The first generation Starlink network architecture includes satellites flying a few hundred miles up, at inclinations of 97.6 degrees, 70 degrees, 53.2 degrees, and 53.0 degrees to the equator. Most of SpaceX’s latest Starlink satellites were launched on Shell 4, at an inclination of 53.2 degrees, after the company’s first 53-degree inclination shell launch last year was largely completed.
Shell 5 of the Starlink network is widely believed to be one of the polar-orbiting layers of the constellation, at an inclination of 97.6 degrees. But the name of Mercury’s mission — Starlink 5-1 — might suggest that SpaceX has changed the naming scheme for Starlink shells.
SpaceX’s launch team was located inside the launch center just south of the Cape Canaveral Space Station ahead of Wednesday’s countdown. SpaceX began loading super-cooled, condensed kerosene and liquid oxygen propellant into the Falcon 9 vehicle at T-minus 35 minutes.
Helium pressure was also flowing into the rocket in the last half hour. In the last seven minutes before liftoffs, the Falcon IX’s Merlin main flight engines were thermally conditioned through a process known as “cooling”. The Falcon 9’s guidance and security systems were also configured for launch.
After liftoff, the Falcon 9 rocket will steer its 1.7 million pound payload — powered by nine Merlin cannons — south across the Atlantic Ocean. Launches from Starlink have marked the resumption of Cape Canaveral missions using the southern runway, as SpaceX used last winter to take advantage of better sea conditions to dock the Falcon 9 on the first stage of the run.
Over the summer and fall, SpaceX launched Starlink missions heading east-northeast from Florida’s coastal area.
The Falcon 9 rocket exceeded the speed of sound in about one minute, then shut down its nine main engines two and a half minutes after liftoff. The launch stage separated from the Falcon 9’s upper stage, then fired a thruster from the cold gas control system and extended the titanium fins to help steer the vehicle back into the atmosphere.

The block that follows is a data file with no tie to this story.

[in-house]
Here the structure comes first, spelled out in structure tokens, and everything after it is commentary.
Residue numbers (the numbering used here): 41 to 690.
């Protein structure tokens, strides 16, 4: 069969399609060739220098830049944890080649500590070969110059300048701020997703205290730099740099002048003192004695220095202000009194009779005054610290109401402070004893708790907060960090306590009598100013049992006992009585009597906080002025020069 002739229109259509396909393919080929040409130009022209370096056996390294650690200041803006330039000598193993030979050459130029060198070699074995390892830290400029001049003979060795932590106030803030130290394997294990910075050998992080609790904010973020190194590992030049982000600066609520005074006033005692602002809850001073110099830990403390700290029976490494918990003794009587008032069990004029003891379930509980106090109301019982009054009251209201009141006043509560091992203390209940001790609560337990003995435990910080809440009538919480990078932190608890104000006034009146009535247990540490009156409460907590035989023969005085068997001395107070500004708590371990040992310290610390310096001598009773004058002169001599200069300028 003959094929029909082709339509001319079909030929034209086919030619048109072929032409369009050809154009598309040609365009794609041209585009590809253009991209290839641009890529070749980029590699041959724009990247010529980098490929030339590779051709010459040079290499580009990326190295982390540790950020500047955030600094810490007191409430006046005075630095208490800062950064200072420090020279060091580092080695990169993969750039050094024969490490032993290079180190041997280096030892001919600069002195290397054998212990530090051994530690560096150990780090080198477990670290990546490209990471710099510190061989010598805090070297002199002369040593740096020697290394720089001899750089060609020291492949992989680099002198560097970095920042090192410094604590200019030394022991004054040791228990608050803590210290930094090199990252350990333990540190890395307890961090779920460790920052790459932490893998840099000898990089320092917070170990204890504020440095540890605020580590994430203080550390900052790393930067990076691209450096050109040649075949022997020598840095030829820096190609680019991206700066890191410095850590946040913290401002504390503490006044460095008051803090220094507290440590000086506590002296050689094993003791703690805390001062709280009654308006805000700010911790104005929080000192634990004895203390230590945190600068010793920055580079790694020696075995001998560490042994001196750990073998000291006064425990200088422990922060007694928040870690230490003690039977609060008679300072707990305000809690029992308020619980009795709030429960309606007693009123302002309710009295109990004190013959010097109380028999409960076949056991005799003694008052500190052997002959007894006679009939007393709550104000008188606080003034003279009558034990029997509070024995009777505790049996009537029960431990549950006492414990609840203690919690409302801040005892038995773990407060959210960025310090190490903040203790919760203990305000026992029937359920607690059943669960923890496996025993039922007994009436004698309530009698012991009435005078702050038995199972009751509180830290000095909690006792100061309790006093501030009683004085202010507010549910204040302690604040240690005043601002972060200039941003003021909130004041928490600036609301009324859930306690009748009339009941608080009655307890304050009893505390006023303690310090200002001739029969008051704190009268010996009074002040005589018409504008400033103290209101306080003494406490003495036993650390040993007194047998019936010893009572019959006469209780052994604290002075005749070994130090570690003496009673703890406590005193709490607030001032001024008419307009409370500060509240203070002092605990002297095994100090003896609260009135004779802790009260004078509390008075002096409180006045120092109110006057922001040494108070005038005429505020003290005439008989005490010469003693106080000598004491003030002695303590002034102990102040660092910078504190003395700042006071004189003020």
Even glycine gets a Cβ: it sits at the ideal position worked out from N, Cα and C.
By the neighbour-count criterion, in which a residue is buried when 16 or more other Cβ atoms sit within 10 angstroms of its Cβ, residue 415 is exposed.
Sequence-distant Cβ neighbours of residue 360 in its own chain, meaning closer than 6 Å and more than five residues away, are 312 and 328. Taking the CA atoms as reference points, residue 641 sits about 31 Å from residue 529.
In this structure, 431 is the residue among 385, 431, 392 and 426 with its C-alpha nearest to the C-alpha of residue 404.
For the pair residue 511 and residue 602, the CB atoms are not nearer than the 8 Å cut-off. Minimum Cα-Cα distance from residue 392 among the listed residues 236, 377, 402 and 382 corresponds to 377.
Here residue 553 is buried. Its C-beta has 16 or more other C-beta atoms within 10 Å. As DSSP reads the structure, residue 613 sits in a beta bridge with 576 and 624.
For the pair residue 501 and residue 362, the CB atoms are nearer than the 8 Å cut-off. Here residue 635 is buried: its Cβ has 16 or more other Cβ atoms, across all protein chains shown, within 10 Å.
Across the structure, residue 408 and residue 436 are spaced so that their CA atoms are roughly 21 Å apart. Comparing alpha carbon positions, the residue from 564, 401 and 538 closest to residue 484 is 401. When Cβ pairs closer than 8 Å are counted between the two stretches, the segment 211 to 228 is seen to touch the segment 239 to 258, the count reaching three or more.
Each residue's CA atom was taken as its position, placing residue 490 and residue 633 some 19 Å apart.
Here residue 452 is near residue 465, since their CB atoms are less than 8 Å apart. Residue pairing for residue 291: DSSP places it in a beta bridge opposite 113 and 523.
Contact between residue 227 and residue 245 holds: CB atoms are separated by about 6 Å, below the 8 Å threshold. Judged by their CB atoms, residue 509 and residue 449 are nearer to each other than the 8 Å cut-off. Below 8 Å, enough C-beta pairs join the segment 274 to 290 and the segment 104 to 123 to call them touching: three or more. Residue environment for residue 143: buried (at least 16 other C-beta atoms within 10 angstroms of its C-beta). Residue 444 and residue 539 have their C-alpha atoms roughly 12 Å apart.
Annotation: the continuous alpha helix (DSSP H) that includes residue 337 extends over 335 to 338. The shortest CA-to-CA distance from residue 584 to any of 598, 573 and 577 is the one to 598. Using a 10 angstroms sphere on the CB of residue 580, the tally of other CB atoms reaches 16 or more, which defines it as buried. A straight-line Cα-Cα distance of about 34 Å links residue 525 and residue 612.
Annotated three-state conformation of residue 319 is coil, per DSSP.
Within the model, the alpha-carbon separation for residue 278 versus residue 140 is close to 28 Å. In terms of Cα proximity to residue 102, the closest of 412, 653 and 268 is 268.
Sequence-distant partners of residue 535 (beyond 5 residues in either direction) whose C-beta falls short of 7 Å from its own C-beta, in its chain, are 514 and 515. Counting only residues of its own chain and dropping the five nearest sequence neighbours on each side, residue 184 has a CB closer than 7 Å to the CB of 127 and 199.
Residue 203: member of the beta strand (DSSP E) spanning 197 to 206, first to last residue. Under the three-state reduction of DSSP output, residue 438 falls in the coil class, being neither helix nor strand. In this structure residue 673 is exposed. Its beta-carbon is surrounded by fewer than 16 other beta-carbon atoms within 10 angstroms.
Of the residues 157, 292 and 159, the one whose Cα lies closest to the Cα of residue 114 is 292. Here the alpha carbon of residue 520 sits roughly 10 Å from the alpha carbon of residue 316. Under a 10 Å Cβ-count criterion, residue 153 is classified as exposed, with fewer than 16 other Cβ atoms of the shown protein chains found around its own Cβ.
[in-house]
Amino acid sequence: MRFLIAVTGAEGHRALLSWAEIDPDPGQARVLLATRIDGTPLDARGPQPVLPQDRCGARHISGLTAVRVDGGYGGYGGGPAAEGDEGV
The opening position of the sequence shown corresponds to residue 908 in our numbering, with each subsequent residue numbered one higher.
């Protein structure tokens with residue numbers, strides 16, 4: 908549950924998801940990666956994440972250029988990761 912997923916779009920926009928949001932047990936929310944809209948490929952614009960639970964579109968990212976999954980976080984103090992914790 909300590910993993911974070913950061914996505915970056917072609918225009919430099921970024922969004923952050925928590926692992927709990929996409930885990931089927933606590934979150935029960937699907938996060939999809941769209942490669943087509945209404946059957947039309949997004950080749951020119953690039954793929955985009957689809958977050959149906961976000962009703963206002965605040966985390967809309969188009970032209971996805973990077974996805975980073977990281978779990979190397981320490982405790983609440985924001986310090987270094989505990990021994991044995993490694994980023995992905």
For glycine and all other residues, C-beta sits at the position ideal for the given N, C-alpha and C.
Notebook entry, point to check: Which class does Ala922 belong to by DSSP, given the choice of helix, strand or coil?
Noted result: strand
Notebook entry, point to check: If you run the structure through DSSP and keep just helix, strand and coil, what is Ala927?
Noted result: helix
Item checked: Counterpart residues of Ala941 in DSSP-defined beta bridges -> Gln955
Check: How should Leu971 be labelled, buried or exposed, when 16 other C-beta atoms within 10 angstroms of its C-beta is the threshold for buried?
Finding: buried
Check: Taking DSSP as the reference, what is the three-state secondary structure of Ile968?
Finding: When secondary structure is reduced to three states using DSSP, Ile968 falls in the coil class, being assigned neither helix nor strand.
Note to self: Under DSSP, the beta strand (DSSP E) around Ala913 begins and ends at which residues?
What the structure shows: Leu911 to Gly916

Two braking burns slowed the rocket to port on the drone ship “A shortfall Gravity” about 410 miles (660 kilometers) downrange about nine minutes after liftoff.
Falcon 9 reusable payload faire launching in the second burning stage. A recovery ship was also on station in the Atlantic to recover the two halves of the nose cone after they were scattered under parachutes.
The exit of the first stage on Wednesday’s mission took place moments after the Falcon 9’s second engine cut off to deliver the Starlink satellites into orbit. The separation of the 54 Starlink spacecraft, made by SpaceX in Redmond, Washington, from the Falcon 9 rocket, took place approximately 19 minutes after liftoff. SpaceX had to wait until the rocket passed the base station in Guam to confirm the separation of Starlink from the upper stage.
The computer-controlled Falcon 9 was intended to deploy satellites in an elliptical orbit inclined 43 degrees to the equator, with an altitude between 131 miles and 210 miles (212-by-338 kilometers). After separating from the rocket, the 54 Starlink spacecraft will deploy its solar clothing and run through automated activation steps, using sound cannons to maneuver into operational orbit.
ROCKET: Falcon 9 (B1062.11)
PAYLOAD: 54 Starlink Satellites (Starlink 5-1)
Send Site: SLC-40, Cape Canaveral Space Station, Florida
SEND DATE: Dec. 28
SEND TIME: 4:34:00 am EST (0934:00 GMT)
STORMS ARE FORECASTED: Greater than 90% chance of acceptable weather; There is a low risk of higher winds; Controlling the risk of unfair conditions in the course of recovery
RECOVERY BOOSTER: “Short gravity” drone ship to the north and east of the Bahamas
SEND AZIMUTH: Southeast
PARMA ORBITS: 131 kilometers by 210 miles (212 kilometers 338 kilometers), 43.0 degrees of inclination
- T+00:00: Liftoff
- T+01:12: Maximum aerodynamic pressure (Max-Q)
- T+02:29: First stage main engine interval (MECO)
- T+02:32: Time of separation
- T+02:39: Second stage engine ignition
- T+02:44: Fairing jettison
- T+06:44: Fire the first stage entry fire (three guns)
- T+07:00: First stage entry to burn interval
- T + 08:26: First stage port fire burning (one engine)
- T+08:38: Second stage engine interval (SECO 1)
- T + 08:47: First port scene
- T+18:43: Starlink satellite separation
- 193rd launch of a Falcon 9 rocket since 2010
- 202nd launch of the Falcon rocket family since 2006
- 11th launch of Falcon 9 course B1062
- 165th Falcon 9 launch on Florida’s Space Coast
- 107th Falcon 9 launch from pad 40
- 162nd launch overall from pad 40
- 132nd flight from the stage guilty 9 course
- 67th Falcon 9 launch especially for the Starlink network
- 59th Falcon 9 launch of 2022
- 60th launch by SpaceX in 2022
- 57th orbital launch attempt from Cape Canaveral in 2012